Rawlsian Primary Goods and CSR

Abstract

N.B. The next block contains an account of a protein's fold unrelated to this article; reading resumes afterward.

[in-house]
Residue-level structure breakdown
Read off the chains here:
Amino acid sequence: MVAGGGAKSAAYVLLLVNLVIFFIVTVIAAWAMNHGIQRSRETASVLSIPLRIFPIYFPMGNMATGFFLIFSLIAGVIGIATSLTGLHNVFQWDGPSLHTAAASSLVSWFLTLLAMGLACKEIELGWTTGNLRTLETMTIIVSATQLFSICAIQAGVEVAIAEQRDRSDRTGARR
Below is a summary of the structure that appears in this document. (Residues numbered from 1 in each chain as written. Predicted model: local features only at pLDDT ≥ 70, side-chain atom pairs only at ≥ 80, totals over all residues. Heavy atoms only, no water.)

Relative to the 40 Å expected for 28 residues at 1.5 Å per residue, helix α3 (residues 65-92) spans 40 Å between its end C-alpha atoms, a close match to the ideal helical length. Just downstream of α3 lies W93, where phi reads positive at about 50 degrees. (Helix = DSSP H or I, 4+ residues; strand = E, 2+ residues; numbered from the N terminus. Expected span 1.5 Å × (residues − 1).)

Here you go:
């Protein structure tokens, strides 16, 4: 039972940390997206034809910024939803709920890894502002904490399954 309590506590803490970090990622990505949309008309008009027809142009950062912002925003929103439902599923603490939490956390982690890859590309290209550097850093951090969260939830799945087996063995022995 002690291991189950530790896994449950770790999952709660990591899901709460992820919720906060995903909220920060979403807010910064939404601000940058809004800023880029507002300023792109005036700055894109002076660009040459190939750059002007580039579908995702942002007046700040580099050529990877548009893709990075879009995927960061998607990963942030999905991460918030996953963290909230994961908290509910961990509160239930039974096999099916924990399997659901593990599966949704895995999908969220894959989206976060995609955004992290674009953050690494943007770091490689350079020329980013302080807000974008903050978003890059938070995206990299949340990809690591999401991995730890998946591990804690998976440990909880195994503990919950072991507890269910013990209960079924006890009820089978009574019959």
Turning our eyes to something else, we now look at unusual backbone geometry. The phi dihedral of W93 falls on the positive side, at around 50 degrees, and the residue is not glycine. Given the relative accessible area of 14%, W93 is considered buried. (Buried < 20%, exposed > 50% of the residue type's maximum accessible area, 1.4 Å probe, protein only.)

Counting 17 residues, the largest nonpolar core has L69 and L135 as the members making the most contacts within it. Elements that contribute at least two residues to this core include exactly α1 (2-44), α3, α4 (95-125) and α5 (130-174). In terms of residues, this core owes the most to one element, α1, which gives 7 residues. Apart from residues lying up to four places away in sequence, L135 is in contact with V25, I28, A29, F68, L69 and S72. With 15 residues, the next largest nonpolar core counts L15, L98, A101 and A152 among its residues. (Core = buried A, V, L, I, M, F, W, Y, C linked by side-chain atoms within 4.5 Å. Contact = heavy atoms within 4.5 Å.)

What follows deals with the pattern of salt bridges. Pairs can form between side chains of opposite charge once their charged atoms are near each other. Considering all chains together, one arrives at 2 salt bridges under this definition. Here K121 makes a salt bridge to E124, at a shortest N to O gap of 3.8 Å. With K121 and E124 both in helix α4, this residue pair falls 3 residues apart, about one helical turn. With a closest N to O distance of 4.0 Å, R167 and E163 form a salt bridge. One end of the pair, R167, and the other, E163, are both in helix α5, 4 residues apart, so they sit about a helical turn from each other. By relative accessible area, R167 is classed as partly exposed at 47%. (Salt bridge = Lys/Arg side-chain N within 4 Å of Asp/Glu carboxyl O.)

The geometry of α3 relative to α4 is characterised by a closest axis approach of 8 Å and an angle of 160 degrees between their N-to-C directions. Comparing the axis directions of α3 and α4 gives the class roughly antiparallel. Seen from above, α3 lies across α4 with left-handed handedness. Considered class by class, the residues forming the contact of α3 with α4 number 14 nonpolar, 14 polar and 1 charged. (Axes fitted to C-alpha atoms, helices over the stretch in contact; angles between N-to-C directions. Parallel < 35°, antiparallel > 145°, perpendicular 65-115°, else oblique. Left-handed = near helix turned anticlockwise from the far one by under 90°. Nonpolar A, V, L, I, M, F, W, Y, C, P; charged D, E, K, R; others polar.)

John Rawls defines “primary social goods” to be the benefits of social co-operation that are valuable no matter what one’s life-plan. The benefit for international trade of talking in terms of primary goods is that such goods represent a fixed or standard rate, and thus facilitate efficient negotiation. The difficulty, however, is that such discussions appear to ignore, and thereby do violence to, significant cross-cultural value differences. I argue that an appropriate view of Rawlsian primary goods helps to facilitate inter-subjective agreement about what constitutes an advantage to the least advantaged. I illustrate this in a case study of the PT Freeport mining operations in Papua New Guinea
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